This recipe from The Mediterranean Dish is super easy. The whole meal is roasted in the oven and only uses one pan.



  • Zest of 2 lemons
  • Juice of 2 lemons
  • 1 cup Private Reserve Greek extra virgin olive oil
  • 1 ½ tablespoons freshly minced garlic
  • 2 teaspoons dill weed
  • 1 teaspoon seasoned salt, more for later
  • ½ teaspoon ground black pepper
  • 1 teaspoon dried oregano
  • ½ to ¾ teaspoon ground coriander

For the Fish

  • 1 pound fresh green beans
  • 1 pound cherry tomatoes
  • 1 large yellow onion sliced into half-moons
  • 1 ½ pound halibut fillet, sliced into 1 ½-inch pieces


  1. Preheat the oven to 425 degrees F.
  2. In a large mixing bowl, whisk the sauce ingredients together. Add the green beans, tomatoes, and onions and toss to coat with the sauce. With a large slotted spoon or spatula, transfer the vegetables to a large baking sheet (21 by 15 by 1-inch baking sheet, for example). Keep the vegetables to one side or one half of the baking sheet and make sure they are spread out in one layer.
  3. Now, add the halibut fillet strips to the remaining sauce, toss to coat. Transfer the halibut fillet to the baking sheet next to the vegetables and pour any remaining sauce on top.
  4. Lightly sprinkle the halibut and vegetables with a little more seasoned salt.
  5. Bake in 425 degrees F heated oven for 15 minutes. Then transfer the baking sheet to the top oven rack and broil for another 3 minutes or so, watching carefully. The cherry tomatoes should begin to pop under the broiler.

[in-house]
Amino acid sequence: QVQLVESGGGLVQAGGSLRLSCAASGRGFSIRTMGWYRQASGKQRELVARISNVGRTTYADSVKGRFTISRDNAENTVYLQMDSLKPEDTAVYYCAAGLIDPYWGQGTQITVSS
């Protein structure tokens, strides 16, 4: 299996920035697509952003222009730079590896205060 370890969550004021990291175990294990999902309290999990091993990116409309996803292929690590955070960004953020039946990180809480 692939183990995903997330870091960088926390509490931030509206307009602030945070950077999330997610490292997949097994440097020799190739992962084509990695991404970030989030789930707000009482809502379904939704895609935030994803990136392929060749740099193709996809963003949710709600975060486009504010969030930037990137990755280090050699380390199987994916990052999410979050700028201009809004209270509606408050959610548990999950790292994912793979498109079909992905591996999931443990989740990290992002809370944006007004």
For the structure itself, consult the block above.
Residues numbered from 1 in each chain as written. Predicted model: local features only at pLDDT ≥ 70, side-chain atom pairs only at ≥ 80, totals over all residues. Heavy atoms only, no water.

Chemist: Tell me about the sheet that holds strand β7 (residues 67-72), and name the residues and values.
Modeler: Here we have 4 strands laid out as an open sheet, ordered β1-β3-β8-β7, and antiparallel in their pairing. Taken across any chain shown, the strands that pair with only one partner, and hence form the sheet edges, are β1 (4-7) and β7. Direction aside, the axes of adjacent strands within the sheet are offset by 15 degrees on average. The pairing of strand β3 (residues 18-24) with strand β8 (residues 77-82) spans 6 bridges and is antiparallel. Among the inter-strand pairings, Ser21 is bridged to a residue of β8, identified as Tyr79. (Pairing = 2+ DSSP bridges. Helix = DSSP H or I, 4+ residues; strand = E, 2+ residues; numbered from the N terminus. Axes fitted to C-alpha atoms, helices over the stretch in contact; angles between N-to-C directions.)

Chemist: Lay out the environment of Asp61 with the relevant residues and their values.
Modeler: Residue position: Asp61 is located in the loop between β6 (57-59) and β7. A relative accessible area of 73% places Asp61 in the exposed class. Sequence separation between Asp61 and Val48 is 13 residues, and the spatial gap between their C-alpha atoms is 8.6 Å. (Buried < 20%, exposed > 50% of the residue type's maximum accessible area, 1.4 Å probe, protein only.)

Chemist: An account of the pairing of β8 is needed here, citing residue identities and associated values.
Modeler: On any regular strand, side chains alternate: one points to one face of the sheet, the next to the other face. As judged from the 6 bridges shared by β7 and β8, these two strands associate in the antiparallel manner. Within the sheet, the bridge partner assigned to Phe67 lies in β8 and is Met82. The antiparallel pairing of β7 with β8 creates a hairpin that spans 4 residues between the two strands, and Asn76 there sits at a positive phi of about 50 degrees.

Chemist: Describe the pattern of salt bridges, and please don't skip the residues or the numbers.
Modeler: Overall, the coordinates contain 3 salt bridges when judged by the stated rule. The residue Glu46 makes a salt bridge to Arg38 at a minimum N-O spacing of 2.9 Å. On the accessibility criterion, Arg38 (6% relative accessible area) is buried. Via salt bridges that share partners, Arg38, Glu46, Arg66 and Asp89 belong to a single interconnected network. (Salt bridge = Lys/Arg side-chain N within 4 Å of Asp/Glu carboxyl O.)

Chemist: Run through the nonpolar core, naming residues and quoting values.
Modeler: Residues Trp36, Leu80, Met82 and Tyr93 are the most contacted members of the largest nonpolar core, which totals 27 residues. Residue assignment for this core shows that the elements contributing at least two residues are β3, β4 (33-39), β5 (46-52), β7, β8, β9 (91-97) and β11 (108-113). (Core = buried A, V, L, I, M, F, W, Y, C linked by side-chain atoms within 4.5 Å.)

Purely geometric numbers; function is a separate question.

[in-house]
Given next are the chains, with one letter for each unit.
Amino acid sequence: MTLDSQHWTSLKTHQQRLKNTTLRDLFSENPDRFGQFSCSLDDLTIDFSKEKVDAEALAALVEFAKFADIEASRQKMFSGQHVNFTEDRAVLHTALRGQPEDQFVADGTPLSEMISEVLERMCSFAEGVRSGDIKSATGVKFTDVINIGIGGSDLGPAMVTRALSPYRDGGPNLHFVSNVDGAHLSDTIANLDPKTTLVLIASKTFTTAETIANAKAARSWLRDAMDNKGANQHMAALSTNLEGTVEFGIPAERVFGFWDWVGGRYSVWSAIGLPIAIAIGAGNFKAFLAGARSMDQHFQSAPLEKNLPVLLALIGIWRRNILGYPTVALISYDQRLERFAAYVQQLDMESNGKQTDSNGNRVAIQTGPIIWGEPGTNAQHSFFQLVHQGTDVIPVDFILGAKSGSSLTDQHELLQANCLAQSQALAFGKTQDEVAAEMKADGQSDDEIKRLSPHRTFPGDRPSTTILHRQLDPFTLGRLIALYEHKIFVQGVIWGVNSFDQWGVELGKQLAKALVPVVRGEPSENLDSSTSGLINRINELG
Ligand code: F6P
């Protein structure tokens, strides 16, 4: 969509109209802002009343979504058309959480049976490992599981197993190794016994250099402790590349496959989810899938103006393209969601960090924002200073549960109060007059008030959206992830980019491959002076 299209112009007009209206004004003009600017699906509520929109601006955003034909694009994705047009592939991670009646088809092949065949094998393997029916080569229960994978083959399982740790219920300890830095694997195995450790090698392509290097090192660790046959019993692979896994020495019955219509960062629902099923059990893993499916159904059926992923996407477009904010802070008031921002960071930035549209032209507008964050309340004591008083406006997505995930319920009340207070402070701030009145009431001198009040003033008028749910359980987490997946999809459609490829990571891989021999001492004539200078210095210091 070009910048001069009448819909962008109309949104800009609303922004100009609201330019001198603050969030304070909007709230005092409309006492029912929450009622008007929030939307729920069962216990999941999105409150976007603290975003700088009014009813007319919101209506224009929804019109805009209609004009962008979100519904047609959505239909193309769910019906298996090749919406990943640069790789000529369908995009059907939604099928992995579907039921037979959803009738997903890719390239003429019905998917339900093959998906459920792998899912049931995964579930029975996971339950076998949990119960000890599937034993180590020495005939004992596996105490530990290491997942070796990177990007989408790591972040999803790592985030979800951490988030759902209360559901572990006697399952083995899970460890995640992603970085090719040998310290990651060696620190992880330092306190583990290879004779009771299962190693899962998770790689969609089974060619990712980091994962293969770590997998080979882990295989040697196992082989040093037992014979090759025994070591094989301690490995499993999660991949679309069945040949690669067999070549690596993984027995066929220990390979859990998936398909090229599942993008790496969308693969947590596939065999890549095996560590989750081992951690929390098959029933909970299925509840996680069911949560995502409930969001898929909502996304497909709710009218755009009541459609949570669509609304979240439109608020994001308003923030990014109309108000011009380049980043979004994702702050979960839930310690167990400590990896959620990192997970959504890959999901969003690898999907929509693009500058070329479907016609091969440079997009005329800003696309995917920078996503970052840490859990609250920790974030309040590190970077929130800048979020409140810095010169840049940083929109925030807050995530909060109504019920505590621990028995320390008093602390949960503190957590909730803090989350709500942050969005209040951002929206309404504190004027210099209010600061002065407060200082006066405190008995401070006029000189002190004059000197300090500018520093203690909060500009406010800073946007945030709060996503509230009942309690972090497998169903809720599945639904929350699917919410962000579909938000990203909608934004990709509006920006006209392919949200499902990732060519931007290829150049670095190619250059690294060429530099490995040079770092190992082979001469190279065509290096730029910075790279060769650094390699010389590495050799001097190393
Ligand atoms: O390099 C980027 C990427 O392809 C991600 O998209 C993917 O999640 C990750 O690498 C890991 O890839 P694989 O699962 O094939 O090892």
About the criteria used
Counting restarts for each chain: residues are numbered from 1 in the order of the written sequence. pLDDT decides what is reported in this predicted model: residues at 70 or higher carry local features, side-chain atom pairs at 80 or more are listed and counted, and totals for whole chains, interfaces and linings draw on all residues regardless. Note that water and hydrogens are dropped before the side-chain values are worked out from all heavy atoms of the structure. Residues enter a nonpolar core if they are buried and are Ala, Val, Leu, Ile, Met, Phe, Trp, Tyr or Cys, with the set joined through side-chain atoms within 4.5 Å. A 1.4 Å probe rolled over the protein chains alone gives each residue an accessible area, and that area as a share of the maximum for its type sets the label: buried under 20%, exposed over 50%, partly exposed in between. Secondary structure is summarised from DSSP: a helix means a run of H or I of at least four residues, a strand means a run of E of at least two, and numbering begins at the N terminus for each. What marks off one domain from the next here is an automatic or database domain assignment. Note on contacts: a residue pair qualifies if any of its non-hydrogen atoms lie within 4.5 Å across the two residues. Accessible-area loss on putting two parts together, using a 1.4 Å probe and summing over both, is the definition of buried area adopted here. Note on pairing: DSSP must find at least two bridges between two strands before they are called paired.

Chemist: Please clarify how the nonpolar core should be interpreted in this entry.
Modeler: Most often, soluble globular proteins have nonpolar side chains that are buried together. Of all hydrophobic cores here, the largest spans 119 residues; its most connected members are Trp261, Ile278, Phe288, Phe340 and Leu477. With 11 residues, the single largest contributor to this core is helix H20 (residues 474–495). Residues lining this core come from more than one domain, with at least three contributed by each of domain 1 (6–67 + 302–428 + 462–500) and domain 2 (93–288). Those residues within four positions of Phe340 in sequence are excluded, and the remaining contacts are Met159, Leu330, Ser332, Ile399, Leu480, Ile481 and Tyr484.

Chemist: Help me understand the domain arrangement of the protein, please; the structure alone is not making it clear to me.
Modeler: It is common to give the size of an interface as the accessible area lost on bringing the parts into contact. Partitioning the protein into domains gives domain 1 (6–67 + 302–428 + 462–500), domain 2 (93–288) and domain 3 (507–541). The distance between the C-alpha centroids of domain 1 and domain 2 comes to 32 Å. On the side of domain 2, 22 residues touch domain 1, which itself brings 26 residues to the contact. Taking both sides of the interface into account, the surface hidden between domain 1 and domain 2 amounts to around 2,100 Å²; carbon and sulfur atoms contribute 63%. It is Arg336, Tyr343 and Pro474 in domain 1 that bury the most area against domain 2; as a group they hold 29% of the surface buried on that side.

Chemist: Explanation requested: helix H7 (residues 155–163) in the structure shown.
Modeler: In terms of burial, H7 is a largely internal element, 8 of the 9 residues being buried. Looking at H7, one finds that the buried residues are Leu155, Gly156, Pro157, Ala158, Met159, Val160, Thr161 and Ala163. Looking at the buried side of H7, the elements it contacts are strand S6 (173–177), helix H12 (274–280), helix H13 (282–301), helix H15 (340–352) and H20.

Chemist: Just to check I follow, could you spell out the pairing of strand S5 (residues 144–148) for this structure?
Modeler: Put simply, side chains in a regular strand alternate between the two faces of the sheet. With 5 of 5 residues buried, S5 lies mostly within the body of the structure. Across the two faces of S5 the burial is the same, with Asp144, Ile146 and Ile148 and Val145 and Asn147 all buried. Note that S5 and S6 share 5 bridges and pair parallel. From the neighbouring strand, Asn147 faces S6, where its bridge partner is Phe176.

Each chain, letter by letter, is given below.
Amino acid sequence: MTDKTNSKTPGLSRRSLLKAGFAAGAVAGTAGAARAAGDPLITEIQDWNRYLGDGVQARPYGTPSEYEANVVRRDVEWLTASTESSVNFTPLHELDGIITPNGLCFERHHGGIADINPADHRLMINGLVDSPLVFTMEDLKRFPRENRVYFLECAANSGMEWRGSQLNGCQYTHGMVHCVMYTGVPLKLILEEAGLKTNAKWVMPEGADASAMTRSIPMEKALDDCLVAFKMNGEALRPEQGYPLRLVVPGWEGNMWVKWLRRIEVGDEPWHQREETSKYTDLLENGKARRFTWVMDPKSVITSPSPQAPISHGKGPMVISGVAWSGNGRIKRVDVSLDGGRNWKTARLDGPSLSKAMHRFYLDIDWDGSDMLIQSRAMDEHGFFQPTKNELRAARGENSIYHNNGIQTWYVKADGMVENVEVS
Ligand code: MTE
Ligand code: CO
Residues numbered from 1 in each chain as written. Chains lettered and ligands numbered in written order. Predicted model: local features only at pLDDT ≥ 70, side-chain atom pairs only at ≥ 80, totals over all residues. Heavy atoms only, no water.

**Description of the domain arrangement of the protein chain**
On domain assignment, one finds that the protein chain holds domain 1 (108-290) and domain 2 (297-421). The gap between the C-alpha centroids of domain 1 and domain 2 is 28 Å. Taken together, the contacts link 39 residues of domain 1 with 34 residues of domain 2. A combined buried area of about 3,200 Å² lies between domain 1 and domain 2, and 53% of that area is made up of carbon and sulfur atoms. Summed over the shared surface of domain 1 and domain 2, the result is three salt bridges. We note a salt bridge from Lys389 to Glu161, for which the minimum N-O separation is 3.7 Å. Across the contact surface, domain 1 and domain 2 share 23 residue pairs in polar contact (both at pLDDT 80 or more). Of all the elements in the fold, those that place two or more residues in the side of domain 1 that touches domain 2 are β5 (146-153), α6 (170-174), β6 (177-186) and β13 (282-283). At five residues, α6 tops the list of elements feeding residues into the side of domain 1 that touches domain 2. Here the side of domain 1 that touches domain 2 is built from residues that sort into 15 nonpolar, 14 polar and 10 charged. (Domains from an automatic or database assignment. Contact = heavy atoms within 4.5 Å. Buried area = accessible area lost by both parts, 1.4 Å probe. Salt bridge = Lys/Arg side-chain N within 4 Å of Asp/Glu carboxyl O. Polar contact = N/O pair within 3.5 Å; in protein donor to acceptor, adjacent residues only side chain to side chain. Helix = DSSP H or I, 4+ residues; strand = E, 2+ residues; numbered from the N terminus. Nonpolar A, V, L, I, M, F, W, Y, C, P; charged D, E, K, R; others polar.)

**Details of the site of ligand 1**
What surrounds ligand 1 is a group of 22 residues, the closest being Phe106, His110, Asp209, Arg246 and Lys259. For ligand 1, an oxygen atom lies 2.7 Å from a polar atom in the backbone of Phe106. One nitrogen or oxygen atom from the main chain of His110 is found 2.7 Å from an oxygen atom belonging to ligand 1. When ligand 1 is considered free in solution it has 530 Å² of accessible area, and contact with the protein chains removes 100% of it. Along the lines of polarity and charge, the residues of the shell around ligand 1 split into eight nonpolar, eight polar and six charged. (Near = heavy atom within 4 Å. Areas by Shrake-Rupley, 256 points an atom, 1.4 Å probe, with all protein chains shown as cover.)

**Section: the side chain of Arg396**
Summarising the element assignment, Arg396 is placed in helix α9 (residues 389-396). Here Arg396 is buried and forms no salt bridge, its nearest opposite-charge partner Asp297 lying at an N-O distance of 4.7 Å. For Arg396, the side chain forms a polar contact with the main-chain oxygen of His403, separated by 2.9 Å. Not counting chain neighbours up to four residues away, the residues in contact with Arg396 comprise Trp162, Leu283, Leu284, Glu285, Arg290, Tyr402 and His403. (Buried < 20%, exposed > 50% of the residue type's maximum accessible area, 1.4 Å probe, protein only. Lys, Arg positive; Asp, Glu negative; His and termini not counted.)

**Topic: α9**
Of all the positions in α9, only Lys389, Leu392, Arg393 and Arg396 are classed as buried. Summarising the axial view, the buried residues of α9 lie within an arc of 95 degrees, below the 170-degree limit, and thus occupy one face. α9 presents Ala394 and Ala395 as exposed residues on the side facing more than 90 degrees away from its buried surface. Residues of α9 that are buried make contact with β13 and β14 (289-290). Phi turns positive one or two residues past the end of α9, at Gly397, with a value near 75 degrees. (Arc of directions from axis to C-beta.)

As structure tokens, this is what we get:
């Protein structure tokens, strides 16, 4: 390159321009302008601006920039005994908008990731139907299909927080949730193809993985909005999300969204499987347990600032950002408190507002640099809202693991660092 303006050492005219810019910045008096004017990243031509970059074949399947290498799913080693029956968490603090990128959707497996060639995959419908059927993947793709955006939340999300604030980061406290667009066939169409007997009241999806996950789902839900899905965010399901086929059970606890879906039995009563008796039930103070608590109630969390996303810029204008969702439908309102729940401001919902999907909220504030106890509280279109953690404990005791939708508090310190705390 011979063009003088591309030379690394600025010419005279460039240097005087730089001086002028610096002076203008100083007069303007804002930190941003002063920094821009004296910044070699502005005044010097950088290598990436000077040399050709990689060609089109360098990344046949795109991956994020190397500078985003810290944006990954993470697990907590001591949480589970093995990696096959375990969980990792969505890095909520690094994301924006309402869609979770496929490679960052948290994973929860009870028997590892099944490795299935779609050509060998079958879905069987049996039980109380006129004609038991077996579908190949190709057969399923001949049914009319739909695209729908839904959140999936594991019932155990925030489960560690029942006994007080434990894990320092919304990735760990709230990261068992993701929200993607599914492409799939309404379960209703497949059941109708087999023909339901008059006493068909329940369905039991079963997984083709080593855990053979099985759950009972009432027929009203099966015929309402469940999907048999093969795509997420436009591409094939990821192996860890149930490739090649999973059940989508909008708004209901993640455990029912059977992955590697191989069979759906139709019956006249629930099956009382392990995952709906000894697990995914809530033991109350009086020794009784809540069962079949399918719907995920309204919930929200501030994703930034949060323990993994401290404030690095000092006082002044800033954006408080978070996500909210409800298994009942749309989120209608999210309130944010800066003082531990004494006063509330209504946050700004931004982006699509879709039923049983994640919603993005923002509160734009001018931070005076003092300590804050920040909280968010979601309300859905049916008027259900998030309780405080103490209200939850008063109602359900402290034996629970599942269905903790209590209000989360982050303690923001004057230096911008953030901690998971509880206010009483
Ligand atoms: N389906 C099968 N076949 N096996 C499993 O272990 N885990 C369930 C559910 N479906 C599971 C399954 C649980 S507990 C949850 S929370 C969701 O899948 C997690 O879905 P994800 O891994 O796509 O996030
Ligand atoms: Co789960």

6. When ready, remove the baked halibut and vegetables from the oven. Serve with your favorite grain, Lebanese rice, or pasta.

Salmon Burgers Recipe

Salmon Burger with vegetables and fries.

This recipe for Salmon Burgers comes from Eating Well.


  • ½ cup water
  • ½ cup white vinegar
  • 2 tablespoons honey
  • ½ teaspoon salt
  • 1 English cucumber, thinly sliced (about 3 cups)
  • 1 shallot, thinly sliced, plus 1 shallot, minced, divided
  • 3 (6-ounce) cans no-salt-added salmon, drained and flaked
  • 2 large eggs, lightly beaten
  • ¼ cup panko breadcrumbs
  • 2 tablespoons chopped fresh parsley
  • 1 tablespoon chopped fresh dill, plus more for garnish
  • 1 ½ teaspoons minced fresh garlic
  • 1 teaspoon lemon zest
  • ¼ teaspoon ground pepper
  • 1 tablespoon olive oil
  • ¼ cup mayonnaise
  • 4 whole-wheat burger buns, split and toasted, if desired


  1. Bring water, vinegar, honey, and salt to a boil in a small saucepan over high heat; remove from heat.
  2. Combine cucumber and sliced shallot in a medium bowl. Pour the vinegar mixture over the vegetables; set aside.
  3. Stir salmon, eggs, breadcrumbs, minced shallot, parsley, dill, garlic, lemon zest, and pepper in a large bowl until combined. Form the salmon mixture into four patties.
  4. Heat oil in a large nonstick skillet over medium heat. Add the patties and cook until golden brown and an instant-read thermometer inserted in the center registers 145 degrees F, 4 to 5 minutes per side.
  5. Drain the pickled vegetables. Spread 1 Tbsp. mayonnaise on each bun. Top with a patty and about 1/4 cup pickles. Garnish with dill, if desired. Serve additional pickles on the side or save for another use. (The extra pickles will keep in the fridge for up to a week, stored in an airtight container.

There are a ton of other recipes out there. We suggest you experiment with different fish and forms of seafood to see which you like best. We think you’ll quickly find that you don’t miss meat that much after all. And if you already eat fish as part of your diet, but are looking to change up how you prepare it, consider picking up one of these smoker-grill combos for truly delicious smoked fish.